I have written before about the International Olympic Committee’s fast approaching decision about which city to award the 2020 Summer Olympics. There are three finalists: Istanbul, Madrid, and Tokyo. At the core of my initial criticism was that Prime Minister Recep Tayyip Erdoğan was framing Turkey’s right to host the Olympics in terms of religion: Turkey would be the first Muslim-majority country to host the games. That would have set a negative precedent in which religious quotas rather than other host qualities become a predominant factor. Regardless, the point should be moot for other reasons: Dubai is the front runner for 2024 and is also majority Muslim, but unlike Turkey, its ruler has not framed the city’s bid in religion.
I also admittedly have been cynical about Erdoğan’s broader motivation: according to a diplomatic cable released by WikiLeaks, the prime minister has used his position to amass great wealth. The billions in construction contracts that would accompany an Istanbul Olympics could propel Erdoğan—a man who already has more than a dozen corruption cases against him—into the ranks of the world’s richest man.
When I criticized Istanbul’s case, however, on Erdoğan’s illiberal policies, correspondents pointed out that the International Olympic Committee has never associated the hosting of the Olympics with an endorsement of any particular country’s human rights situation. That’s true historically, as the 1936 Berlin, 1980 Moscow, and 2008 Beijing games demonstrate, and it is also the case with regard to the 2014 Sochi winter games and the Dubai 2024 bid. But in the post-Cold War era, there has also been an undercurrent that the Olympics might improve society or encourage continued liberalization. That certainly was a factor in the Beijing award.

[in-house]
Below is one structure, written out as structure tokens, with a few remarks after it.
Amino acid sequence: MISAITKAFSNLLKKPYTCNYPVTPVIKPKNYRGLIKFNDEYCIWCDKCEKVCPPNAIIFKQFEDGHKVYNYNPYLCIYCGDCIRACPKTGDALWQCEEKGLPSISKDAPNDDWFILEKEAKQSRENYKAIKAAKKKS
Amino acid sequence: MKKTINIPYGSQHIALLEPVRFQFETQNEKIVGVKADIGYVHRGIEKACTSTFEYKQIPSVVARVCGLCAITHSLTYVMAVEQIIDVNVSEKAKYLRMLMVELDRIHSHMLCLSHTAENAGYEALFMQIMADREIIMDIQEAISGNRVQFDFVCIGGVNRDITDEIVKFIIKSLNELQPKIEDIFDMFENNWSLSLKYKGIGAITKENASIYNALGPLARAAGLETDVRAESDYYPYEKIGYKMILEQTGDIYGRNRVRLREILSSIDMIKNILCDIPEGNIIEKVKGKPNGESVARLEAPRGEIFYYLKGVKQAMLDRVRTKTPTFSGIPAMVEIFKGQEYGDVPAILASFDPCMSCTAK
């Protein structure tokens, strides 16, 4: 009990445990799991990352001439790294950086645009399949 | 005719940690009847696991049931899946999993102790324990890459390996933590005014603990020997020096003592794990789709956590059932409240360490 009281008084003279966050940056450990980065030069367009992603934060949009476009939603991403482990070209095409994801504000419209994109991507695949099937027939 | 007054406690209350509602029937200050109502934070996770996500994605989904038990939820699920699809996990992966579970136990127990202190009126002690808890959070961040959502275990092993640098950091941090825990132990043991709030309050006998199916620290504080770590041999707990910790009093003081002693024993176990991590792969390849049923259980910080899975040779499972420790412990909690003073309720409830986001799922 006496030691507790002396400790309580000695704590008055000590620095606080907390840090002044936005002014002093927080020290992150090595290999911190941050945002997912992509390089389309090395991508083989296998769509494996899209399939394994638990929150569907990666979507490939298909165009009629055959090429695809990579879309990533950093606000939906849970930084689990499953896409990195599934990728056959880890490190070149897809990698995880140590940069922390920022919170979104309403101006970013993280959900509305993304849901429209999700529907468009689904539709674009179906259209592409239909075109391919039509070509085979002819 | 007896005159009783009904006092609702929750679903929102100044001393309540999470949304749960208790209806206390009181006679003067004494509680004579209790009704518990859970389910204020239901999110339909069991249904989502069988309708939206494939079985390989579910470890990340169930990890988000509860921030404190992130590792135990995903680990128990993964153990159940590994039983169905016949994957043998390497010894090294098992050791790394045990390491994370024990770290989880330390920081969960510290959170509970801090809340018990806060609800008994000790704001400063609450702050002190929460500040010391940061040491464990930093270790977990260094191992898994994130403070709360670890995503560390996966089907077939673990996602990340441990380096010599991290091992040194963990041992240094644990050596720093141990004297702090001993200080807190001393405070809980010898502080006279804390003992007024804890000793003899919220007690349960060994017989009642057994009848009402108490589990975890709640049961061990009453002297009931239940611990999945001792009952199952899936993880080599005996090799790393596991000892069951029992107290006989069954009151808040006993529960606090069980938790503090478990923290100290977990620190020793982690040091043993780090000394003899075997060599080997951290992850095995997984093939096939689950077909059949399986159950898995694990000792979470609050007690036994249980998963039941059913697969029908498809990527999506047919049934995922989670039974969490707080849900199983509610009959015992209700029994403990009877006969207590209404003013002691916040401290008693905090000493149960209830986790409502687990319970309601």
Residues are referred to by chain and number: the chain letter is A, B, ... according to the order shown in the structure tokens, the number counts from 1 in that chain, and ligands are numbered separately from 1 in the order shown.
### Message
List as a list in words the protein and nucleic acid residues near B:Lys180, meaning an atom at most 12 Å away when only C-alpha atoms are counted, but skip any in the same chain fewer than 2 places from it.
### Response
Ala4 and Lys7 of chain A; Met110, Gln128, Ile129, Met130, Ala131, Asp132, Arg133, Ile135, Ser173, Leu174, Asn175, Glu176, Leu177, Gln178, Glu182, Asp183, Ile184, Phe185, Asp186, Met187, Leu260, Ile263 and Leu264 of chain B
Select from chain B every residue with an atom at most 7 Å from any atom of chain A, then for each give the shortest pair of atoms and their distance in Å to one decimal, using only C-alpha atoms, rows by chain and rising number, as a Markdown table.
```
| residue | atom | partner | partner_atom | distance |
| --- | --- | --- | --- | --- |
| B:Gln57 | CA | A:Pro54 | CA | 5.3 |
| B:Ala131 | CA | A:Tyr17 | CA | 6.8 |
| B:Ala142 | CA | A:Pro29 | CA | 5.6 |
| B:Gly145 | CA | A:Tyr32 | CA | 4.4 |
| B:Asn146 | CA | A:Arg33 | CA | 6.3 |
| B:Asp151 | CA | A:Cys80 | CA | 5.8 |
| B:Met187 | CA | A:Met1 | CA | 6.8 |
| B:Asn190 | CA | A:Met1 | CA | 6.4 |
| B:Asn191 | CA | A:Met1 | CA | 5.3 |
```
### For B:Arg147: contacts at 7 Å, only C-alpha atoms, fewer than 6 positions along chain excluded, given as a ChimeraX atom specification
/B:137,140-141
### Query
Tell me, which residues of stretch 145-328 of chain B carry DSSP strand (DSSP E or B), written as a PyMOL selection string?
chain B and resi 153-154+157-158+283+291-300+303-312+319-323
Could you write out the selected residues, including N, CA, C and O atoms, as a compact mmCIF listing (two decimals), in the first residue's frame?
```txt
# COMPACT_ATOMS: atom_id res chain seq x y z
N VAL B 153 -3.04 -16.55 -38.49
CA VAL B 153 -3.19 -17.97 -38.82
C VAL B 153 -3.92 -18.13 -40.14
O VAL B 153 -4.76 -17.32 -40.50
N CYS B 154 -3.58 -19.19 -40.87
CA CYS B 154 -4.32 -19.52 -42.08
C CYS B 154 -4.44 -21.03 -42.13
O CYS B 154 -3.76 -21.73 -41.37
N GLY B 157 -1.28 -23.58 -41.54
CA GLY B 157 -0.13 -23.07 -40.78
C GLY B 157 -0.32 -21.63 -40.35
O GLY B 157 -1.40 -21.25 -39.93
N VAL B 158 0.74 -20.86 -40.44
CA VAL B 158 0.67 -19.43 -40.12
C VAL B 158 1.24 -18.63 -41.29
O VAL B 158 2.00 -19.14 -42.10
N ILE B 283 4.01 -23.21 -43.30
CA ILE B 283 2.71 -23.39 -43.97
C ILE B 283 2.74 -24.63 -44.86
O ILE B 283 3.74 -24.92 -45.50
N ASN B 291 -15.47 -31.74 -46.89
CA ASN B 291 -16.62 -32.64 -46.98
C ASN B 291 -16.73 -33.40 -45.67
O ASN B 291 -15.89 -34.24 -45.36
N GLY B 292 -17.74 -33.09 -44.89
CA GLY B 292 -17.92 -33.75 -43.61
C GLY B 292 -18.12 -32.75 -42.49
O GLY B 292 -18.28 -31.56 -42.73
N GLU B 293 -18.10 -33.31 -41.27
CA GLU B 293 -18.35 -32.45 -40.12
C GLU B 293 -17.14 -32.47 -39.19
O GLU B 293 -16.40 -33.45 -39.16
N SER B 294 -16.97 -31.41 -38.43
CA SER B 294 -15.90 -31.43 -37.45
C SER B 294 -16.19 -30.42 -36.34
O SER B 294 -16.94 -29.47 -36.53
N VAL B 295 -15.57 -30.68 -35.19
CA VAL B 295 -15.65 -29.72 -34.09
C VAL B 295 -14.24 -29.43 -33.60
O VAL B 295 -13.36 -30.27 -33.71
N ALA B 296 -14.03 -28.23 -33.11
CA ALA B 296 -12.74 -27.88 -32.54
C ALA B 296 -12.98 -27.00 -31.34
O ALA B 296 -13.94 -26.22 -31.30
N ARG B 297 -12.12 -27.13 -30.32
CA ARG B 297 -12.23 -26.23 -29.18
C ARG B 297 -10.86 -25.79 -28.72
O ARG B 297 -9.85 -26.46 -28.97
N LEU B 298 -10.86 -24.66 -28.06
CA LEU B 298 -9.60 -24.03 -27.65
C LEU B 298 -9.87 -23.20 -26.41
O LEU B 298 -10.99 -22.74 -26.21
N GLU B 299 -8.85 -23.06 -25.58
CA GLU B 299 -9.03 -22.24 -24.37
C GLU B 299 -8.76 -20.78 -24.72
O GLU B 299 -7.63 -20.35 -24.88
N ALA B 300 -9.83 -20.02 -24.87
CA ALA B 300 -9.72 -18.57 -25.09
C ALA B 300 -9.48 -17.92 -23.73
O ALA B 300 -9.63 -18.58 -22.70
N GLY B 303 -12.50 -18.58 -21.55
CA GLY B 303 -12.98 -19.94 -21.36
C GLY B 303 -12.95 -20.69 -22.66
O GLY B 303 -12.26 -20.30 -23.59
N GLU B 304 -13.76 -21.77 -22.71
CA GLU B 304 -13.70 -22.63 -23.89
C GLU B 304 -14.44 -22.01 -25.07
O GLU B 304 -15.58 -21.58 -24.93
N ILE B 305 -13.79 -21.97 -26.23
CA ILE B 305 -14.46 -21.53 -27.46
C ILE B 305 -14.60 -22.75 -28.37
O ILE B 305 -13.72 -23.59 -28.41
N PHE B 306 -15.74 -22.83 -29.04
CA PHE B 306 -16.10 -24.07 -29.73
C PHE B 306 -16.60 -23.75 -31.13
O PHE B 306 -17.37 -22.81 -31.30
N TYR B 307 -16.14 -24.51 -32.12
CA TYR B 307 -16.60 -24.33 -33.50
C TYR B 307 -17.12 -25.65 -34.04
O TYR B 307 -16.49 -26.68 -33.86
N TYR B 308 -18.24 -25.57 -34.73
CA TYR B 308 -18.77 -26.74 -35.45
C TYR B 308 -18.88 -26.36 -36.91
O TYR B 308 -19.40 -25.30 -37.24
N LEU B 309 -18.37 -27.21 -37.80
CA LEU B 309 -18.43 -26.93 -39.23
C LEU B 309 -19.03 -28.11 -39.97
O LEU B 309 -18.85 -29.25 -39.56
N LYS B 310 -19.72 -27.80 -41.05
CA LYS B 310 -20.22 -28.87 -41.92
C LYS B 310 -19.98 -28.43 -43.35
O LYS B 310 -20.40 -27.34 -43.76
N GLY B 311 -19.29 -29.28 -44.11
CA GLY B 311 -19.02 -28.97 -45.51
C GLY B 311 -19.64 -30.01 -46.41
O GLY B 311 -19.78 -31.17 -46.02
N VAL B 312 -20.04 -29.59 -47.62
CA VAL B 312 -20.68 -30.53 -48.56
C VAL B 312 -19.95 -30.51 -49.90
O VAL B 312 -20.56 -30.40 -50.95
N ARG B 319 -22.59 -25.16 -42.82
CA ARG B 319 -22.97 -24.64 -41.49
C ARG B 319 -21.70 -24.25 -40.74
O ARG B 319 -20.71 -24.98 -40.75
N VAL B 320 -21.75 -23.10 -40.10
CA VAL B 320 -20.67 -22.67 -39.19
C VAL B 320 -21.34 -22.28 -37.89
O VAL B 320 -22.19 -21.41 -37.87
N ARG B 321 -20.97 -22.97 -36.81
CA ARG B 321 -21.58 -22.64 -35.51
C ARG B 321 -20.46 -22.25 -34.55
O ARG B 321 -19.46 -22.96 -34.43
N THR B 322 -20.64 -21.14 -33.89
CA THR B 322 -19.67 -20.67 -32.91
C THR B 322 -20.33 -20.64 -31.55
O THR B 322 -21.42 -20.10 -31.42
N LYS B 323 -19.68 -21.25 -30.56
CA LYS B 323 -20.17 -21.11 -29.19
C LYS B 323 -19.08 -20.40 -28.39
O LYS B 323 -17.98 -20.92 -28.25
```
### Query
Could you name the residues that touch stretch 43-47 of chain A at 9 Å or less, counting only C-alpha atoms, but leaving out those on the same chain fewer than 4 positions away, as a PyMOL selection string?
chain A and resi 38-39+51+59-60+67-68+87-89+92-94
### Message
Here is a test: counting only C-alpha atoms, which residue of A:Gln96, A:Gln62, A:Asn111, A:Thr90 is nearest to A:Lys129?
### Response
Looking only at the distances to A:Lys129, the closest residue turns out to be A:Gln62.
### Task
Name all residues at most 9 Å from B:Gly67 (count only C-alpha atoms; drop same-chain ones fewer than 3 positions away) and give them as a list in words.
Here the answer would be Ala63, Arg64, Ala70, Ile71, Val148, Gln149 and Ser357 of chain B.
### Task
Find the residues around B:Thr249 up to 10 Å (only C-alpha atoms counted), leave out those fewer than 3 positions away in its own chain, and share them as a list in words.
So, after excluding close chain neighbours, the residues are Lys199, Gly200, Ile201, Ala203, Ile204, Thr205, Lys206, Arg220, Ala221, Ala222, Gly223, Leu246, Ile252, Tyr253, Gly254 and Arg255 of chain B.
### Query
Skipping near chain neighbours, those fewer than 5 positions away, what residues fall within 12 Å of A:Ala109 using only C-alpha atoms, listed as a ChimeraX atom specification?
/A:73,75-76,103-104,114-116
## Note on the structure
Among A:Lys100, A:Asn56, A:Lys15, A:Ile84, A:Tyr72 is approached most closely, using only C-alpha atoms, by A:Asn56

Alas, as the IOC’s September 2013 decision looms about the 2020 Games, they should recognize that, in the aftermath of the Gezi Park protests, confirming the 2020 Olympics on Istanbul could do serious harm to Turkey. Rather than recognize that the protests are largely a reaction to his own autocratic style, Erdoğan has doubled down on both his own intolerance, endorsement of police brutality, and bizarre anti-Semitic conspiracies. No longer, it seems, is the “Interest Rate Lobby,” as Erdoğan now labels his imagined Jewish conspiracy, just targeting Turkey. Rather, it has Brazil in its sites as well. Nor are the Jews the only conspirators with which Erdoğan now obsesses: On August 5, a judiciary whose independence Erdoğan has eroded will render judgment against dozens of former military officers, journalists, and other officials whom Erdoğan has patched together in a convoluted conspiracy that doesn’t pass the most basic of smell tests. To cap it off, rather than investigate the police abuse which helped sparked Turkey’s recent unrest, Erdoğan has endorsed it.
Turkey is in a fragile state: The Gezi protests have exposed long-simmering fissures which will only worsen if Erdoğan can use the 2020 Olympics as his excuse to bulldoze over political opponents and civil society. Nor are the Kurdish peace talks going well. While Turks celebrated a peace process announced with the long-outlawed Kurdistan Workers Party (PKK) just two days before the International Olympic Committee’s official visit to Istanbul, both Turks and Kurds are beginning to recognize that the agreement was not just for the PKK to lay down its arms, but that the PKK seeks equally momentous decisions on Turkey’s end, including the release of imprisoned PKK leader Abdullah Öcalan, and eventual confederation between Turks and Kurds inside Turkey. If the Turks are not prepared to meet such demands, violence could return to Turkey in the run-up to the Olympics. Istanbul, after all, is now the city with the largest Kurdish population in the world.
Someday Istanbul will host the Olympics, and it will do so with a charm and a friendliness that few other cosmopolitan cities can match. That day cannot come during Erdoğan’s tenure, however, for should the International Olympic Committee choose Istanbul when they meet in Buenos Aires on September 7, they will ensure that the 2020 Olympics will be associated with strife, not celebration.